Picture of Clara Hori Written by Clara Hori
on September 20, 2022

Buyer personas are an effective way to align your organization and elevate your marketing strategy. When you create buyer personas, you are envisioning different representations of ideal consumers for your financial institution. By using buyer personas as a guide, you can focus messaging through more precise segmentation and personalization to meet the needs of your goal audience.

Below we’ll delve into more specifics on what buyer personas are, how to create them, and why your institution should implement them into your marketing strategy.

What are Buyer Personas and Why Should I Define Them?

Buyer personas are specific descriptions of your ideal consumers. They are semi-fictional, but based on real insights through research, data, and direct conversations with consumers. These personas help you define your target audience through details based on demographic data, interests, behavior patterns, and so on. Buyer personas provide valuable insight, and they allow you to focus your marketing resources on people who fit into these ideal target audiences.

How to Create Buyer Personas

You can create buyer personas with a variety of methods: market research, consumer data software, or direct feedback from consumers through surveys or interviews. A typical buyer persona will include basic demographics such as age, gender, and location, but it also has more specific details on income, financial challenges, life stage, behavior patterns, communication preferences, etc.

You should avoid overgeneralizing a consumer group such as millennials because there are a wide variety of influences that could impact the products or services a “millennial” may need. A compilation of these factors built into multiple buyer personas helps point your marketing team to the right products, services, and messaging for your target audiences.

bubble-mapping-the-data-mazeAccessing and applying the right data presents many challenges for financial marketers, and we understand these obstacles. That’s why we recently mapped out the data maze to help FIs create their best path to data-driven results. By reviewing some of our best practices and recommendations, FIs can tap into their data sources to efficiently define buyer personas.


Example of a Buyer Persona:

  • Ron is a tech-savvy engineer that lives and works in an urban area. He is a millennial-aged male between 30-35 years old with an annual salary of $70-90,000. Ron is a digital user, so he regularly checks his online banking portal and engages with his mobile app.

    Looking toward the next few years, he is planning on becoming a first-time home buyer. Ron practices positive savings habits toward his goal of owning a home, but he’s still paying off a portion of his student debt and car loan. He may be interested in a better credit card to suit his needs, educational resources on buying a home, or a long-term savings plan. Down the road, your FI could be a trusted resource when he looks for a mortgage.
  • Mia is a grandmother, aged between 55-65 years old, living in a suburban area with her husband. She plans to retire in the next 3-5 years, and she and her husband saved throughout their careers to build a sizable nest egg and enjoy retirement. She has used her online portal and mobile app, but strongly prefers more traditional interactions with her financial institution, including visiting her local branch.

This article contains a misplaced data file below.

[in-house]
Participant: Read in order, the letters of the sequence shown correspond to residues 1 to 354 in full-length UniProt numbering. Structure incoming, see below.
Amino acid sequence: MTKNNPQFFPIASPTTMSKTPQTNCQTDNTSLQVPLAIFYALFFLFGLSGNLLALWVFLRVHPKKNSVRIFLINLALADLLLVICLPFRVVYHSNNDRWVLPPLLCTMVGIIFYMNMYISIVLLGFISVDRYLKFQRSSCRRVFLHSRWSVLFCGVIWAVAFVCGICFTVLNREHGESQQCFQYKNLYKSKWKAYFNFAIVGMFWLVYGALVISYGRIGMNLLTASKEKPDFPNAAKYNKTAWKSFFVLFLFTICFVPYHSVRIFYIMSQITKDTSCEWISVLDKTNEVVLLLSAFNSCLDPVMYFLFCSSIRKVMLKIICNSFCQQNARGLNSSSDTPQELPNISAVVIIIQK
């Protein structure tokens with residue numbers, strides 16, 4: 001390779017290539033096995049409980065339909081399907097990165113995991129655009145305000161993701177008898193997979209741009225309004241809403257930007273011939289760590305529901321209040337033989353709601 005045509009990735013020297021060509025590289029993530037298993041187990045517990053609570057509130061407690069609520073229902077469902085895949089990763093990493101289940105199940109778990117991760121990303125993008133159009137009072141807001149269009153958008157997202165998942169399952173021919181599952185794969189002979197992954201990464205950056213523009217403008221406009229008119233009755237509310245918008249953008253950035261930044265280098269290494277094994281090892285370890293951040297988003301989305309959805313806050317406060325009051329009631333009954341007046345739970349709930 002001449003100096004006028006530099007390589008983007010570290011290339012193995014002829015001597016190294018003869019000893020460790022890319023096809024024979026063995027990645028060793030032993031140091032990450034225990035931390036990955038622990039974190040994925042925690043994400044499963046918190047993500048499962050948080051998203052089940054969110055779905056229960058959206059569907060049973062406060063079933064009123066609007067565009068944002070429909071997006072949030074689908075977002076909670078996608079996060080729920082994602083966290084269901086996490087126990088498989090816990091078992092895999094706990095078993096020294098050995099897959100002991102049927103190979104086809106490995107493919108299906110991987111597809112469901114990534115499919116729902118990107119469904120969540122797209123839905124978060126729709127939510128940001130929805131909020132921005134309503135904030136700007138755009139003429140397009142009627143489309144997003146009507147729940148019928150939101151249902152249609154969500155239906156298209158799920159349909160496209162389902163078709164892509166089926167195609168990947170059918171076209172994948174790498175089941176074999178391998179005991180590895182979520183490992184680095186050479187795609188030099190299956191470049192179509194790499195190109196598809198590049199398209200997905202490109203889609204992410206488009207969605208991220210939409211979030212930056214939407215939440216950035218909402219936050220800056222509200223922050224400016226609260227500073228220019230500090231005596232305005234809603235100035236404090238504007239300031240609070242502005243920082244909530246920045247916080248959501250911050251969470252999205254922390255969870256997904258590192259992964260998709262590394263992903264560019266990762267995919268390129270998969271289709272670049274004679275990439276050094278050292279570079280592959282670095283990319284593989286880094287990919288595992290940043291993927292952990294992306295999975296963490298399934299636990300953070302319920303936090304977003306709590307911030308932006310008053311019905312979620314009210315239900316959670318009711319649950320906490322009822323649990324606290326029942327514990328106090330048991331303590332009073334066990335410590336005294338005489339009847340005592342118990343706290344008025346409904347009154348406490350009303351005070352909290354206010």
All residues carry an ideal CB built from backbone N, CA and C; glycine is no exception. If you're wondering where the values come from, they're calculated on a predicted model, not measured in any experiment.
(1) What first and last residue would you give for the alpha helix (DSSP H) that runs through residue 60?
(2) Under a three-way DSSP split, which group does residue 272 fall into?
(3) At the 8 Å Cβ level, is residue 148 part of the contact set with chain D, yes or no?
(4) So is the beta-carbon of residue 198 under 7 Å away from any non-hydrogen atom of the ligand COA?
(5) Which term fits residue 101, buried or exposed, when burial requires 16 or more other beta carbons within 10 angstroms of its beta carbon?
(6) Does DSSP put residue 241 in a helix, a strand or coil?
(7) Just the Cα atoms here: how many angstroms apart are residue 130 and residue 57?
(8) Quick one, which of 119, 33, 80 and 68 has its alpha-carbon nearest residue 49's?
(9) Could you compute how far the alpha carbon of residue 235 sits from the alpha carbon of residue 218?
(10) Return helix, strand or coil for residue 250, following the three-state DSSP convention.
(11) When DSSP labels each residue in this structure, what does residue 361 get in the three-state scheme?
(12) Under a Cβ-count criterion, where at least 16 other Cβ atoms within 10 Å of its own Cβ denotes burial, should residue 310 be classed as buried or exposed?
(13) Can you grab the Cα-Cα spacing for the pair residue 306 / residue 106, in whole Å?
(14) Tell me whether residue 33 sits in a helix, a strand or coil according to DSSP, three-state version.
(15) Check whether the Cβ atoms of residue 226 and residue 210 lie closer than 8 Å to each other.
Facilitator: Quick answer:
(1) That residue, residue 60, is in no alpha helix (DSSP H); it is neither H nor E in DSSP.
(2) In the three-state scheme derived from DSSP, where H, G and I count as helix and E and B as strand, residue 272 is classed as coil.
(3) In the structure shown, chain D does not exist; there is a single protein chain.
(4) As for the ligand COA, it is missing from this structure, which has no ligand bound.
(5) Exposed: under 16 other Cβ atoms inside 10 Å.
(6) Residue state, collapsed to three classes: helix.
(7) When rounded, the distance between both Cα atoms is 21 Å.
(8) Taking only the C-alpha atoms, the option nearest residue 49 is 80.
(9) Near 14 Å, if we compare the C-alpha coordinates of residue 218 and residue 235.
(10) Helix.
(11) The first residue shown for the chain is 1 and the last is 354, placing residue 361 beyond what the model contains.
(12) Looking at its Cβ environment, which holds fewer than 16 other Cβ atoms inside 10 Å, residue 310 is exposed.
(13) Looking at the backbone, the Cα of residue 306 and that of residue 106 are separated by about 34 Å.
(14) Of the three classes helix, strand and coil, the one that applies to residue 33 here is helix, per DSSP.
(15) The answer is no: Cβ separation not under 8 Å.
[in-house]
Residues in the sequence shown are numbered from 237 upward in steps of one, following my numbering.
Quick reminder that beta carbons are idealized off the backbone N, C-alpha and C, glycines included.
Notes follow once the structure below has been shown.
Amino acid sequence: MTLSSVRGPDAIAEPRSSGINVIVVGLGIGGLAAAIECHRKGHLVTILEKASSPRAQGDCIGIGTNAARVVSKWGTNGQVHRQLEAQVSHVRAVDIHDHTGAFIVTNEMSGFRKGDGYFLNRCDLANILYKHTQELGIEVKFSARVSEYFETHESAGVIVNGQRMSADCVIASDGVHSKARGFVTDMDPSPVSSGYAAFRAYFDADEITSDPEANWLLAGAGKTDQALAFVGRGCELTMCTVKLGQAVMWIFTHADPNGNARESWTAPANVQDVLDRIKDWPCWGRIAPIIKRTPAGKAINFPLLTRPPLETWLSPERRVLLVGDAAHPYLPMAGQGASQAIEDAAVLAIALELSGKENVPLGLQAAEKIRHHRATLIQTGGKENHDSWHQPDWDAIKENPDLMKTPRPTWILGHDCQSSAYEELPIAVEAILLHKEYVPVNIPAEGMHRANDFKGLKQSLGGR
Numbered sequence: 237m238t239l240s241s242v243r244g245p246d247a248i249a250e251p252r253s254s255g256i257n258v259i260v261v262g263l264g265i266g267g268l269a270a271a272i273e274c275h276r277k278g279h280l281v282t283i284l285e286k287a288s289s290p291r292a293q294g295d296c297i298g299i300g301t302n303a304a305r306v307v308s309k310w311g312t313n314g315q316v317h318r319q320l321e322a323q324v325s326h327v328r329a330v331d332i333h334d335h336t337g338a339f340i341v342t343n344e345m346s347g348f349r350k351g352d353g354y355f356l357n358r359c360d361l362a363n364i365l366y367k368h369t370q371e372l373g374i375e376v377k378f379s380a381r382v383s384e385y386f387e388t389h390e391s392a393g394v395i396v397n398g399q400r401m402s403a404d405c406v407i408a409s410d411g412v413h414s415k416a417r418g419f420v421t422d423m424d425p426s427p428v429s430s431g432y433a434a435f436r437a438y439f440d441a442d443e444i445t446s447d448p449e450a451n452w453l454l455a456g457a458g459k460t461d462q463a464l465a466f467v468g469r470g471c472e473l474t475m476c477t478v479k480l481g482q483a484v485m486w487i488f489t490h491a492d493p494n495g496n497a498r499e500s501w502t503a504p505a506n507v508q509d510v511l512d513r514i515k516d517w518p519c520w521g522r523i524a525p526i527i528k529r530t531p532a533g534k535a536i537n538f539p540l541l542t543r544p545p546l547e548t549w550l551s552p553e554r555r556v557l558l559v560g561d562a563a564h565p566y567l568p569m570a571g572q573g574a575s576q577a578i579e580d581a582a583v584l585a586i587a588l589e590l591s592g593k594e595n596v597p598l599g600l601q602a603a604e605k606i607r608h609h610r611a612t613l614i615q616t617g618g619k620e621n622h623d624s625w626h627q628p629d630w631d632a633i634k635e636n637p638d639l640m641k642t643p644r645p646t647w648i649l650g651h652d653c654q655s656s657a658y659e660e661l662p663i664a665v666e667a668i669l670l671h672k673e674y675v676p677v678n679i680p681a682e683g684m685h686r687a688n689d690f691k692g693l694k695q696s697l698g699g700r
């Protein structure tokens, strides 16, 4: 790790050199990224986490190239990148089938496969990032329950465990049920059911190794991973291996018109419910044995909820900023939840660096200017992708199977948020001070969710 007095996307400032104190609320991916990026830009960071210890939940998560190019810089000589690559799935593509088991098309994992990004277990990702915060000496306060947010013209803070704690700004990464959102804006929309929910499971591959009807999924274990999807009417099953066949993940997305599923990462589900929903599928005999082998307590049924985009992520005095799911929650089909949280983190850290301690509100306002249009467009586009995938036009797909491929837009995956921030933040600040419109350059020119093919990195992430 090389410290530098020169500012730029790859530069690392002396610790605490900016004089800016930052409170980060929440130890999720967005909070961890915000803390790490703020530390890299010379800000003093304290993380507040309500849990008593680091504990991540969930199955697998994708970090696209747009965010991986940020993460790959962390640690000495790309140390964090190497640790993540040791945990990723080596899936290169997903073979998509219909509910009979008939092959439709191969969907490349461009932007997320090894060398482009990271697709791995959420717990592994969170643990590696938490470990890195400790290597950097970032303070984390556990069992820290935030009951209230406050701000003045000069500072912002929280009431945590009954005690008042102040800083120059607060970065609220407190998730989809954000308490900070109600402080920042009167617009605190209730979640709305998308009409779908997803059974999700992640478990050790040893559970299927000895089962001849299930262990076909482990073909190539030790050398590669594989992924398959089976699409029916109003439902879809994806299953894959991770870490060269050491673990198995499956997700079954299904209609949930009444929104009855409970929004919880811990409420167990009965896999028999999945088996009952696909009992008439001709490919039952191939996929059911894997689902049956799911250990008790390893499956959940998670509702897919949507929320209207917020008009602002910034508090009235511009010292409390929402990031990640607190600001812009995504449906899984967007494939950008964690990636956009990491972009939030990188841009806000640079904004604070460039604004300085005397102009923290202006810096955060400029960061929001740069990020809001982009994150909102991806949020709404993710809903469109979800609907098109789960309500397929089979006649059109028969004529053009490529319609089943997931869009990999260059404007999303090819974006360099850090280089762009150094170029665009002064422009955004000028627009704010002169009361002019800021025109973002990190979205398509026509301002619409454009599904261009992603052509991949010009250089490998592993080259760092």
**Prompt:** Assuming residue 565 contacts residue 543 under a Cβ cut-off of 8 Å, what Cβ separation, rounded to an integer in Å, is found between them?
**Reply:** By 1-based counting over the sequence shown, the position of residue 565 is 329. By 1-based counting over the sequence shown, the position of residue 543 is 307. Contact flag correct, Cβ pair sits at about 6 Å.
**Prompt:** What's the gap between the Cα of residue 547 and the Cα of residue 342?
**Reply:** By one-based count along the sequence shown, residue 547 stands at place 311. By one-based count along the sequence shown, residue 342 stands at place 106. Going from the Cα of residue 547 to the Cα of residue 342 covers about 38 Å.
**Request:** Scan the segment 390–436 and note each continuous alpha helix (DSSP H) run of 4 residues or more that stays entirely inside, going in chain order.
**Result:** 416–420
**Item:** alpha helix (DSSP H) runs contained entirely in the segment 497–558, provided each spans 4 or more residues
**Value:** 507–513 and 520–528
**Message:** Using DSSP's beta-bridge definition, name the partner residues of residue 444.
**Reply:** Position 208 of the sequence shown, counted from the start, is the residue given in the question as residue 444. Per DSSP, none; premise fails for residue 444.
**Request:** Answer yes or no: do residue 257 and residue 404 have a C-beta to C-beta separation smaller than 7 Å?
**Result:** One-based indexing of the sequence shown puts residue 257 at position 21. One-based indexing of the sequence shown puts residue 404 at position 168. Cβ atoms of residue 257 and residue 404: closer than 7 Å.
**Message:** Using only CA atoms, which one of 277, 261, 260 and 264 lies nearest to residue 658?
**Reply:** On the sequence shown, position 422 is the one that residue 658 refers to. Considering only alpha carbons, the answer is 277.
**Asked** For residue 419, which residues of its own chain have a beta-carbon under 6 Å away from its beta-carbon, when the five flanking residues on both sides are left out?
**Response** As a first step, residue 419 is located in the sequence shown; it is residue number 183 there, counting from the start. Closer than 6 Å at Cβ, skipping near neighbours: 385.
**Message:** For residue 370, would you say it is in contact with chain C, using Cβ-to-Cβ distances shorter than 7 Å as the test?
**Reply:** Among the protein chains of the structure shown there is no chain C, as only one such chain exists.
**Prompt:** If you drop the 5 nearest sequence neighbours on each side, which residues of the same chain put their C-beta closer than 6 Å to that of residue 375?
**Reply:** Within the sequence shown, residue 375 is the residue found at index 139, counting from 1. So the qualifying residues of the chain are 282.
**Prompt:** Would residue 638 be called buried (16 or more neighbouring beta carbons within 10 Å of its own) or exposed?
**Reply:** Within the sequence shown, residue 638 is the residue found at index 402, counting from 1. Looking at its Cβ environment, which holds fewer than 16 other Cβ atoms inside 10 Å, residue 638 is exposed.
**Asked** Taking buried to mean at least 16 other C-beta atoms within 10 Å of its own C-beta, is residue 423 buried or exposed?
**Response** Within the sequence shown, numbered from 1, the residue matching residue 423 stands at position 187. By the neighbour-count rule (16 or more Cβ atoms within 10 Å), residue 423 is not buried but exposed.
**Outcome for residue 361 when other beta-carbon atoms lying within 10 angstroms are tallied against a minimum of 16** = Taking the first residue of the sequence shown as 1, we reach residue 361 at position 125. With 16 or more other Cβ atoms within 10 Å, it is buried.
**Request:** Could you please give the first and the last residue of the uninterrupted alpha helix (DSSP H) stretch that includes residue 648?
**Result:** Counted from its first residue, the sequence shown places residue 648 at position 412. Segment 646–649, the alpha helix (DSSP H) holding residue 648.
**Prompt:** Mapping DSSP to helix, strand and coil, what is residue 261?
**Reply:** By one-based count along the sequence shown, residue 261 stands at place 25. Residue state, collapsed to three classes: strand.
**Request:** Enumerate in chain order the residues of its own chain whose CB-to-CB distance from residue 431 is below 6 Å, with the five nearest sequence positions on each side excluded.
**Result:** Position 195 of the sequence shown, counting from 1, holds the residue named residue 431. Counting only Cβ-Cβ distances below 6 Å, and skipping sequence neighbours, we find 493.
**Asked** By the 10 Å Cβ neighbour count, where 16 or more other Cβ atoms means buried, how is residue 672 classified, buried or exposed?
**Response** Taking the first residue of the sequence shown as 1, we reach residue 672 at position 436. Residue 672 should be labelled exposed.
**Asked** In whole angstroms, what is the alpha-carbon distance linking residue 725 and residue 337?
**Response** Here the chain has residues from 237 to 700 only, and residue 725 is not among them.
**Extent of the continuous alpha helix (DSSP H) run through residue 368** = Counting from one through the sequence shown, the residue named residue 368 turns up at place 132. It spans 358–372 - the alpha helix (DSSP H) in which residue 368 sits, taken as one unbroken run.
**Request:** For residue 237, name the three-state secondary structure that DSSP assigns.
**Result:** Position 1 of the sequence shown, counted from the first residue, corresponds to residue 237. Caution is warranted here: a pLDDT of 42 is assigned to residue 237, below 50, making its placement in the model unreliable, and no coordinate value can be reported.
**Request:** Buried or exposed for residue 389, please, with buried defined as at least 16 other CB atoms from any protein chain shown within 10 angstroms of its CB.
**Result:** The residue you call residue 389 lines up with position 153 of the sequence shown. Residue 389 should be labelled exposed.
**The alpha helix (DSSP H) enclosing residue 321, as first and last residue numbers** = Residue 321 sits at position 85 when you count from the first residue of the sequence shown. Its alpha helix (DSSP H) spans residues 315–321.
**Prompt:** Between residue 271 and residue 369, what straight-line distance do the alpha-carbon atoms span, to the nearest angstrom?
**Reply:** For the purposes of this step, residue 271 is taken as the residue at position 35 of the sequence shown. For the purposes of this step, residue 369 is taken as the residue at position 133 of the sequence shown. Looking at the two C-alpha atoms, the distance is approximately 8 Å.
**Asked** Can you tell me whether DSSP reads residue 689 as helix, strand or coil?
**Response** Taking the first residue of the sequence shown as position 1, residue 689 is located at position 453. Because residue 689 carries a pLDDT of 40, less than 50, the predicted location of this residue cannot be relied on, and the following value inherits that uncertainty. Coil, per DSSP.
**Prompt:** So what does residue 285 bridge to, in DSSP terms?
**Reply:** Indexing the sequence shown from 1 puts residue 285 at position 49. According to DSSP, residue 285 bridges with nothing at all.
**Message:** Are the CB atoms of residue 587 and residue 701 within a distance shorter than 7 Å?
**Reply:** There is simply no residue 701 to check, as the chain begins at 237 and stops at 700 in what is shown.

Mia is also interested in diversifying her investment portfolio, including her options with real estate, CDs, and stocks to build her savings for her children. Your FI can be a trusted resource during this process, and Mia may appreciate in-person or over the phone customer service involving retirement planning and financial advice. 

Should My FI Implement Buyer Personas?

Short answer - yes! For starters, buyer personas can improve your organization’s segmentation and targeting. You can start with a few personas and build as time goes on. We’ve previously talked about modern segmentation approaches that differentiate your audience, and buyer personas make it easier to group your consumers into distinct member profiles and meet them where they are in their financial journeys.

Personalization is another powerful benefit of buyer personas. By using these segments as broader target audiences, you can personalize the messages and channels for the buyer persona that belongs to each audience. By implementing distinct marketing campaigns for each persona, you create a personalized consumer journey that encompasses the right communication of products/services at the right time.

Personalization: Designer holding color swatch

One of Prisma’s greatest benefits is that we make it easy for you to employ highly personalized, omnichannel marketing campaigns. This makes it easier to analyze and gain real-time insight to see what’s working with each buyer persona, and you can refine your messaging as you move forward.

Each FI department can use buyer personas as a guide. This builds a more unified and aligned approach to gaining and retaining consumers because everyone – from sales to marketing to front-line staff – is on the same page. These personas will help you tailor messaging, shape strategy, and even enhance your cross-selling capabilities with the insights they provide. By using this marketing tactic, your FI can attract and retain more high-quality consumers over time through communication that’s relevant and timely.


Learn what Prisma’s marketing automation software can do for your financial institution, and visit Prisma’s blog posts for more helpful marketing tips and strategies.




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